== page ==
Things aren’t quite adding up because, despite the easy-to-hit fairways and easy-to-hit greens, this course yielded a scoring average of 73.187 (+1.187 RTP). That ranked as the fourth-hardest course on TOUR last season.

What it comes down to is the difficulty of putting here. Last year, the field swallowed a three-putt on 6.9 percent of the holes, MORE THAN DOUBLE THE PGA TOUR AVERAGE. Gavin Green led the way with a whopping 12 three-jacks while four others were right behind him with 10+ 3-putts on the week.

The wind blew at 17 MPH+ for three of the four rounds last year so what we need to decide is whether the difficulty putting was due to the weather or whether these greens are really that tough to navigate.

I would lean toward weather but it’s probably a bit of both. Justin Thomas called for a winning score of 8-to-12 under if there was wind last year (it turned out to be -9 winning score) but said it could reach 16-to-20 under in calmer conditions. At the same time, K.J. Choi was correct when he declared that play around the green would be the deciding factor at Nine Bridges, saying the greens can be tricky to read because the natural surroundings can be deceptive (‘Halla break’ as the locals call it).

Last thing to look at is the scoring average by round last year. The opening round saw average winds and the field averaged 70.949 that day. It would have been the 14th-easiest course on TOUR last year, if the tournament ended after Thursday. The final three rounds were played in heavy winds and the field averaged 73+ for each of those rounds. Don’t be fooled by last year’s leaderboard. If the wind is calm or somewhat calm this year, we should see a BIRDIEFEST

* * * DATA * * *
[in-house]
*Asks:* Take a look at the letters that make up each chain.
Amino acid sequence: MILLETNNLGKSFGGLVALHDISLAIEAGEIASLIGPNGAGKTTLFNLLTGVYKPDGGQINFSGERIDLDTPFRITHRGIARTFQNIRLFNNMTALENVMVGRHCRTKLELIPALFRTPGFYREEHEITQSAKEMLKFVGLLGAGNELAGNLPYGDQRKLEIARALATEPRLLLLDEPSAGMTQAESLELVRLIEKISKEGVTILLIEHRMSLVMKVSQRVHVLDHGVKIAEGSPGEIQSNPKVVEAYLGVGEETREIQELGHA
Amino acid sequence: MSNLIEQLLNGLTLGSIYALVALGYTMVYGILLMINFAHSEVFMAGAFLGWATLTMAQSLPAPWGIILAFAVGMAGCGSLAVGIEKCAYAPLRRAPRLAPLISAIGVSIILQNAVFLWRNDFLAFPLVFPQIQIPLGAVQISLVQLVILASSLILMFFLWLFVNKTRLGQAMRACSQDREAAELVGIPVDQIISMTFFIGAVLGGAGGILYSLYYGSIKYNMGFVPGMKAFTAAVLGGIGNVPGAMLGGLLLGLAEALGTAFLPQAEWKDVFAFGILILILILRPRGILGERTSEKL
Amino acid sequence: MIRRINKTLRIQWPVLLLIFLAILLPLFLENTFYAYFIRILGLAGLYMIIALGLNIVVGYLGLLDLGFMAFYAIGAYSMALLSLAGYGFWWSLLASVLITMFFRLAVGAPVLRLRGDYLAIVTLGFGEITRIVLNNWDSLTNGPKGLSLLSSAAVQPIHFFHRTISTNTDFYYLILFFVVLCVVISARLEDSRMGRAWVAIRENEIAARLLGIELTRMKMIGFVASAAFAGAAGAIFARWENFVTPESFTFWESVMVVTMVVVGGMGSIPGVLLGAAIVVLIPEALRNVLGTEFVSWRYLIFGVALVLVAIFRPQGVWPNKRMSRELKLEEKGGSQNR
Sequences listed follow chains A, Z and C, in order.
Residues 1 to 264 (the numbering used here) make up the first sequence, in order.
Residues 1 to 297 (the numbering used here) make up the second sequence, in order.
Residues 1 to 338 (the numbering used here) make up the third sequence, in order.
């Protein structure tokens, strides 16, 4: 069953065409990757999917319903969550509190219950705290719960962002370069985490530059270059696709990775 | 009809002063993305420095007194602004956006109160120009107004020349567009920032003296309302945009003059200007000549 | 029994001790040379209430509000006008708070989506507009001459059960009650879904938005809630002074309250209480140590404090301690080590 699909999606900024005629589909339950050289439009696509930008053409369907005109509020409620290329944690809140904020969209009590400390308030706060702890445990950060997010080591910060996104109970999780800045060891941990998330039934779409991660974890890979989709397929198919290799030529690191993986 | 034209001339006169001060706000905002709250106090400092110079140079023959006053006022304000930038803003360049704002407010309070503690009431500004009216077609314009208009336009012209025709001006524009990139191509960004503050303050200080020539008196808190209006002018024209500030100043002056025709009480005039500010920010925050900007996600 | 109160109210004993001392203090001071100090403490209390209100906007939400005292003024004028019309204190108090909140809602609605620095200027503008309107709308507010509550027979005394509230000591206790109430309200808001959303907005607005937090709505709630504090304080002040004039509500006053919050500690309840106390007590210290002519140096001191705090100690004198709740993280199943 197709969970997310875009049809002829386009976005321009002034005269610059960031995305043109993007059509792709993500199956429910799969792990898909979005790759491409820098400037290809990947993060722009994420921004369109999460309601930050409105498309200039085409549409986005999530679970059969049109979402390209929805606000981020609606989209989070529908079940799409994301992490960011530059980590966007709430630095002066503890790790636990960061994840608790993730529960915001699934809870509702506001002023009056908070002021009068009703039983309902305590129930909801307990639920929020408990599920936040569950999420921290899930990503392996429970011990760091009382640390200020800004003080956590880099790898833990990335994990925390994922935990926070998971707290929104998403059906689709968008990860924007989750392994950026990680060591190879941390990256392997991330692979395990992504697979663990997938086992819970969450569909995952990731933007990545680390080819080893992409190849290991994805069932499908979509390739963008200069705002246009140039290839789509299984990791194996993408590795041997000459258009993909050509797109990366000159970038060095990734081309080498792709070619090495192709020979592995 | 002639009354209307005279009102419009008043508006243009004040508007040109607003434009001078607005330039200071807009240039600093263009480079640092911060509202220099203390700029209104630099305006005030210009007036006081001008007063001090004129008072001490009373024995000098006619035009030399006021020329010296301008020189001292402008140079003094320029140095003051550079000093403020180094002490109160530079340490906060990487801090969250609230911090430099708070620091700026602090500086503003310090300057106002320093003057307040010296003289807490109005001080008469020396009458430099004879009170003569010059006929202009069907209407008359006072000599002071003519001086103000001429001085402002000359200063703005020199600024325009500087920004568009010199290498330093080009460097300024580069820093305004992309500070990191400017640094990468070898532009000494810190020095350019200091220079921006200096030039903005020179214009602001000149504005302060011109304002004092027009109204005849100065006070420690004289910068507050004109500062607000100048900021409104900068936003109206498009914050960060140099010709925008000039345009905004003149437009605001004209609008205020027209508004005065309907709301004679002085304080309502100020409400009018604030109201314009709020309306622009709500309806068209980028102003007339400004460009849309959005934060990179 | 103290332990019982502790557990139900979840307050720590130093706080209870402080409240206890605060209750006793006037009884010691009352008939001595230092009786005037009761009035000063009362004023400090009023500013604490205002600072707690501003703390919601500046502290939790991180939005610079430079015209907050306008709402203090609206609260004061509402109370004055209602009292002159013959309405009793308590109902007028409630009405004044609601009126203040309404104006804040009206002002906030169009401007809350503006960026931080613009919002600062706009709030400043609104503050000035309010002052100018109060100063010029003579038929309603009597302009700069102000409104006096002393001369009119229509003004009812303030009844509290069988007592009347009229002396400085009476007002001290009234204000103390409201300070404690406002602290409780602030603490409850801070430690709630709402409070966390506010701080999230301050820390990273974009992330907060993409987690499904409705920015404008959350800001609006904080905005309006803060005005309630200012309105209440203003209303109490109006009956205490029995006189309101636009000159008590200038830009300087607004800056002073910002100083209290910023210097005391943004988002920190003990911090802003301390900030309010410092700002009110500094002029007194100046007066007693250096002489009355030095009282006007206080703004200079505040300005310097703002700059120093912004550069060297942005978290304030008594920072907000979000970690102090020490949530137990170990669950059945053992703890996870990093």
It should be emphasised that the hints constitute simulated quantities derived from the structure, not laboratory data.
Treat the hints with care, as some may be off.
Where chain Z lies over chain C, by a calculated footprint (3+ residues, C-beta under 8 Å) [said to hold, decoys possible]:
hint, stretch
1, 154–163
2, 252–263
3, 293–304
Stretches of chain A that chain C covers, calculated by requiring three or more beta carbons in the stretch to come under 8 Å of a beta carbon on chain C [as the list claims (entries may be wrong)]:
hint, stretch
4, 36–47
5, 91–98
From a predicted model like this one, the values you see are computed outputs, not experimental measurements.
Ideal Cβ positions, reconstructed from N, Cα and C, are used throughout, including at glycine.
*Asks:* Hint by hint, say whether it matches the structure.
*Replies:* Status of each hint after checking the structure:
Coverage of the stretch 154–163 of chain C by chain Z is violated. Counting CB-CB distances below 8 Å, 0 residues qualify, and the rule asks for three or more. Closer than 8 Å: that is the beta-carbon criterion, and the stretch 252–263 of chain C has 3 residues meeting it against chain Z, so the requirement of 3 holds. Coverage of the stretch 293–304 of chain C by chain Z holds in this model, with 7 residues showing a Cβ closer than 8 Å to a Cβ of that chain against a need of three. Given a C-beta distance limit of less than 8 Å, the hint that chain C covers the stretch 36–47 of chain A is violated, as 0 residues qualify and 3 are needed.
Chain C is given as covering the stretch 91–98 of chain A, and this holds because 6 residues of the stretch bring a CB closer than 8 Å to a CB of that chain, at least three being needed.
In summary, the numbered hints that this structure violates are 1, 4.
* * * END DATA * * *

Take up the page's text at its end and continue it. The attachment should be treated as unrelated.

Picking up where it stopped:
For grass types, the players will be dealing with bentgrass this week.

Course Quotes

Sifting through some past quotes over at the Fantasy Golfanac, let’s try to break down the course to see how they will play…

 

Justin Thomas: “Yeah the greens have a lot of slope on them. The greens are very big as well, so the slope can play a big factor and a big role in how you are going to play the course. If you want to use some of the slopes to get close to the holes, or if you want use some to get into the spot where you want to putt from, but the hardest part is that you just have to play smart. You can’t be too aggressive and short sight yourself or have the putt above the hole. You want to try to leave it below the hole and have as many makeable putts with as little break as possible that you can out there.”

 

K.J. Choi: “I think, generally, the players will not feel much burden or pressure to really nail their tee shots. However, iron shots will be imperative – the players will feel the pressure to hit the right spots on the green. If I had to rate this course in terms of difficulty among other PGA courses, I would rate this course towards the more difficult end. Definitely, there are some holes, where the long hitters will have an advantage, but the play around the green will be the deciding factor. It can be tricky to read the greens because, the natural surroundings can be rather deceptive and be misleading.”